North India: For the first time in the history of the Department of Education, Central Tibetan Administration, we have two resource persons coming far from Ontario, Canada, to go on journey to visit and provide workshops at various Tibetan schools under the program titled 'School-based Teacher Professional Development (TPD) Workshop by TPD Specialists' funded by the Department of Foreign Affairs, Trade and Development (DFATD), Canada.
230 Tibetan teachers from fifteen different schools around North India benefitted from this workshop. The first two-day workshop was held on 5th and 7th July 2016 at Tibetan Children Village (TCV) Lower. Followed by TCV Gopalpur on 11th and 12th July, TCV Chauntra on 13th and 14th, TCV Suja on 15th and 16th, STS Manali on 18th, STS Paonta on 21st and 22nd, and the final workshop at STS Dekyiling on 25th and 26th July 2016.
The workshop focuses on the significance of individual teachers to be more observant of their reactions toward students' behavior and to reflect more often on their daily lessons. Dr. Roy Greenwood, specialized in neuro-education, University of Toronto, facilitates the teacher participants into understanding some of the commonly occurring behavioral problems in classrooms particularly by teenage boys, unlike the girls. He also provides various real life examples to substantiate how a simple research could help a teacher in understanding the complex nature of students in classes and also clarifies some of the stereotypical perceptions teachers in general have of their students' behaviors.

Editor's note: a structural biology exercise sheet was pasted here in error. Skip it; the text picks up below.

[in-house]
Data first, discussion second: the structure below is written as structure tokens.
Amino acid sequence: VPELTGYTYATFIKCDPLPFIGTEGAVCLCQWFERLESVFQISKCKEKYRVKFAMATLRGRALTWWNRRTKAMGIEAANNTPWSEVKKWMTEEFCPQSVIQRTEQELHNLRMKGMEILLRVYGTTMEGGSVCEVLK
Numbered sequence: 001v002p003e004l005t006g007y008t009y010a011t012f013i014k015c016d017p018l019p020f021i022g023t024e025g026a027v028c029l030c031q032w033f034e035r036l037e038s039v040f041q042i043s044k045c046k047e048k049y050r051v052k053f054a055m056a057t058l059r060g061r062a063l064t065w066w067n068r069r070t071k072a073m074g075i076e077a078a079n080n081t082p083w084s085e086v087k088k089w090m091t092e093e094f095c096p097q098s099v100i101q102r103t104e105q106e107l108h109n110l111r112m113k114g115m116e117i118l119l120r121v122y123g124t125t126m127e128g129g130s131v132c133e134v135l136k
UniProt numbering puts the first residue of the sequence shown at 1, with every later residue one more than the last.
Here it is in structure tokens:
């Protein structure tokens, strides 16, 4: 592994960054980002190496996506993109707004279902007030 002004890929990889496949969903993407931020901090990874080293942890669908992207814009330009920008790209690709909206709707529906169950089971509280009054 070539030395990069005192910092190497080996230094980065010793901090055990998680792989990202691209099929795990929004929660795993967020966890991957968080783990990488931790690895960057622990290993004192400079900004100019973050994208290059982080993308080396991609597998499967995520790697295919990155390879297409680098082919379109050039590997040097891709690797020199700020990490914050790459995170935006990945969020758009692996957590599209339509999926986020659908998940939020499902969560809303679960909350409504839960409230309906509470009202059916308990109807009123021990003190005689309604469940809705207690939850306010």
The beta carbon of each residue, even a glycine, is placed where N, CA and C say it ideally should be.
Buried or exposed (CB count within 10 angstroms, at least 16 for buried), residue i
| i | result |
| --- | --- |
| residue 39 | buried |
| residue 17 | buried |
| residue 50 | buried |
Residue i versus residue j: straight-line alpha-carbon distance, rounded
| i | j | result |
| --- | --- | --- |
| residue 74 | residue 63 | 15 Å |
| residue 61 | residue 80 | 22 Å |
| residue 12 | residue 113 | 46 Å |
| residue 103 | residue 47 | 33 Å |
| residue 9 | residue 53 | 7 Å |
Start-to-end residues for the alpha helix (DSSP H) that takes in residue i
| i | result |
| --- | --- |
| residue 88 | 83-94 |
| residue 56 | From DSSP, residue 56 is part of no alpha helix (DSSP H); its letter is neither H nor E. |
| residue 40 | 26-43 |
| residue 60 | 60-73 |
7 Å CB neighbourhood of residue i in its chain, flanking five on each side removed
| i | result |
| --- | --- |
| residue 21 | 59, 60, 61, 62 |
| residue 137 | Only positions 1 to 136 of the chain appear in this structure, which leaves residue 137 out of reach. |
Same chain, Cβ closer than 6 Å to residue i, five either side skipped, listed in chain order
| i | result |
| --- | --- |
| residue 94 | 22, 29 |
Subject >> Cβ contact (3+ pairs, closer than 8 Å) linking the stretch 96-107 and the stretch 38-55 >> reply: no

Dr. Nancy Greenwood, University of Toronto, on the other hand, familiarizes the teachers with how they can apply the understandings of the differences in the growth of the two genders into the classroom activities. She engages the teachers into various activities that would cater to the different bits of intelligence of learners.
The speakers highly encourage the participating teachers to make use of the available research and findings done by the corporates and how these research could modify to suit their classroom contexts.
This timely program was made possible with the financial support from the Department of Foreign Affairs, Trade and Development (DFATD), Canada.